The two rounds of municipal elections in Beit Shemesh pitted haredi residents against the secular and the modern religious. Haredi figures, such as MK Moshe Gafni (United Torah Judaism), framed the vote as part of a larger “war against religion.”
The non-haredim of Beit Shemesh, represented by Eli Cohen, the man who challenged incumbent mayor Moshe Moshe Abutbul, saw the campaign as a battle against religious extremism.
Before the results were known, many non-haredi residents vowed that they would leave the city if Abutbul won.
In the tensest moments, it seemed that Beit Shemesh was on the verge of a civil war. And on election day, at least one verbal exchange deteriorated into fisticuffs.
Is Beit Shemesh a microcosm of what might happen in other towns and cities across the country? Once, not long ago, Beit Shemesh was a small, quiet development town. In his 1983 non-fiction book In the Land of Israel, for instance, Amos Oz described the people he met in a coffee shop in its commercial center as members of the Sephardi masses that brought Menachem Begin to power in 1977. Will other towns like Beit Shemesh gradually be transformed into predominantly haredi enclaves where the ultra-Orthodox are able to maintain and protect their unique way of life while non-haredim feel increasingly unwelcome? According to Dr. Lee Cahaner, head of the department of multidisciplinary studies at Oranim Academic College of Education, a number of basic conditions need to be fulfilled for a new haredi enclave to be created: First, haredim need to be able to build neighborhoods that enable them to protect and nurture their religious identity without outside influence. In Beit Shemesh, the haredi neighborhoods are generally separate from the older, non-haredi areas. Another condition is affordability.
The cost of housing needs to be reasonable and there needs to be plenty of room for growth. Once again, Beit Shemesh seems to meet these conditions. And finally, the town needs to be relatively close to Jerusalem or Bnei Brak, the two traditional haredi centers.
Unlike Beit Shemesh, however, where there remains a significant, though shrinking, non-haredi population, most of the haredi enclaves that have been built in recent decades are self-contained cities with no significant non-haredi population.
Places such as El Ad, Modi’in Illit and Betar Illit are exclusively haredi towns and there is, therefore, no haredi- secular tension. Perhaps a town such as Kiryat Gat might see a Beit Shemesh-like scenario develop sometime soon.
Another aspect of Beit Shemesh that made the conflict there unique was the tremendous solidarity among the diverse haredi groups. In municipal elections in other cities such as Jerusalem, hassidic and non-hassidic groups supported different candidates and Ashkenazi haredim competed against Sephardi haredim. In Beit Shemesh, in contrast, all the haredi groups were united. It is not at all clear that such solidarity will be repeated in the next elections five years from now.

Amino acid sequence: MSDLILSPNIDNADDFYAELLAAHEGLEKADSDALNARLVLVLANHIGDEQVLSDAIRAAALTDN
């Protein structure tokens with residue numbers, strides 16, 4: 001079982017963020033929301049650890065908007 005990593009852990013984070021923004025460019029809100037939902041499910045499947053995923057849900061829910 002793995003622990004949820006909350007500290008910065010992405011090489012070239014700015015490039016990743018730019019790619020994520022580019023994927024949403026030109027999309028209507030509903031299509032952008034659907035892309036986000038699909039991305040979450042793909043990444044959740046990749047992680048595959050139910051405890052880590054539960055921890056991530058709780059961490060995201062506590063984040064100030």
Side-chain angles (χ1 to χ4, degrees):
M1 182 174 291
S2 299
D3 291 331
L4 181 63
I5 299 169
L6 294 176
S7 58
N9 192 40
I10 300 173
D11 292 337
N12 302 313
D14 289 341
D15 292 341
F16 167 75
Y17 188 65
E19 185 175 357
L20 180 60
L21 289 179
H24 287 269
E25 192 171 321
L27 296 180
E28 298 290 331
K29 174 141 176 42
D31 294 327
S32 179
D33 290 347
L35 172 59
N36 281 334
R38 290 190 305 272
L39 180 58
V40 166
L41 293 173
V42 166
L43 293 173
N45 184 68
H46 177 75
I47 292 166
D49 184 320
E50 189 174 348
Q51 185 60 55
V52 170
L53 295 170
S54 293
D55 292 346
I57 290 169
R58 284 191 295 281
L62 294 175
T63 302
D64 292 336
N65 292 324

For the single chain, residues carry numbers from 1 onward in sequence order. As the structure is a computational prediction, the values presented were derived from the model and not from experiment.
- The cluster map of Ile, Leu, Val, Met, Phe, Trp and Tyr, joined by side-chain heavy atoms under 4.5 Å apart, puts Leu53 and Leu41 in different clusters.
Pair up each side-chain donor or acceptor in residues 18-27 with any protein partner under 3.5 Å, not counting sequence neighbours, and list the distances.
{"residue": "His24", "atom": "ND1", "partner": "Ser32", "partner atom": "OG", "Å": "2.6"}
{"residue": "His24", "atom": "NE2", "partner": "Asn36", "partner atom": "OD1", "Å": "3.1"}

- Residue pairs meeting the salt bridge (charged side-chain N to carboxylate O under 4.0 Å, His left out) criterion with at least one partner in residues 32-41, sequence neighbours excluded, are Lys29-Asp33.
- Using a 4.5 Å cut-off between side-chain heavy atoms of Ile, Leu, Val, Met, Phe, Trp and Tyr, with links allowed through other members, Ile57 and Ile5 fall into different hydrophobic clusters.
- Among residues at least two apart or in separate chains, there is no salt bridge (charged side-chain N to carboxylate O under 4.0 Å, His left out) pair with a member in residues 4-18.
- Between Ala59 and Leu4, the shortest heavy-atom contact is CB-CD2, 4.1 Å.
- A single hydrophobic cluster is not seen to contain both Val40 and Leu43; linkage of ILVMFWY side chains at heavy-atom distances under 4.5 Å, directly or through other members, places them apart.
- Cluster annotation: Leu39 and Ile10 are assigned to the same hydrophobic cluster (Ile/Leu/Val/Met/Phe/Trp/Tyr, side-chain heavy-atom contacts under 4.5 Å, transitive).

Finally, it is important to remember that while haredim have been very successful at protecting their way of life from outside influences, they are also undergoing a process of change. More modern-minded haredim, whom Cahaner refers to as “the new haredim” are becoming integrated into mainstream Israeli society. Their professions are identical to those of non-haredi residents. They spend their leisure time at many of the same venues: movie theaters, playhouses, restaurants and concerts. Larger portions of the haredi population are being exposed to higher education; they are increasingly working in companies where there are non-haredi employees; they are more exposed to new technologies.
Even the most extreme elements – those belonging to the Eda Haredit communal organization – are undergoing change. For what might be the first time since the establishment of the State of Israel, members of Eda Haredit, who have traditionally boycotted all elections, municipal and national, participated the March 11 revote in Beit Shemesh.
And the haredi leadership has increasingly splintered.
There are at least four haredi news dailies representing four political camps. No single rabbinic figure can claim to unite the entire ultra-Orthodox camp. Both Ashkenazim and Sephardim are split into many groups. The polarization and animosity we witnessed during the Beit Shemesh elections reflect an underlying culture war. It would be a mistake, however, to view the town as a microcosm of Israeli society. The reality is more complex, and less polarized.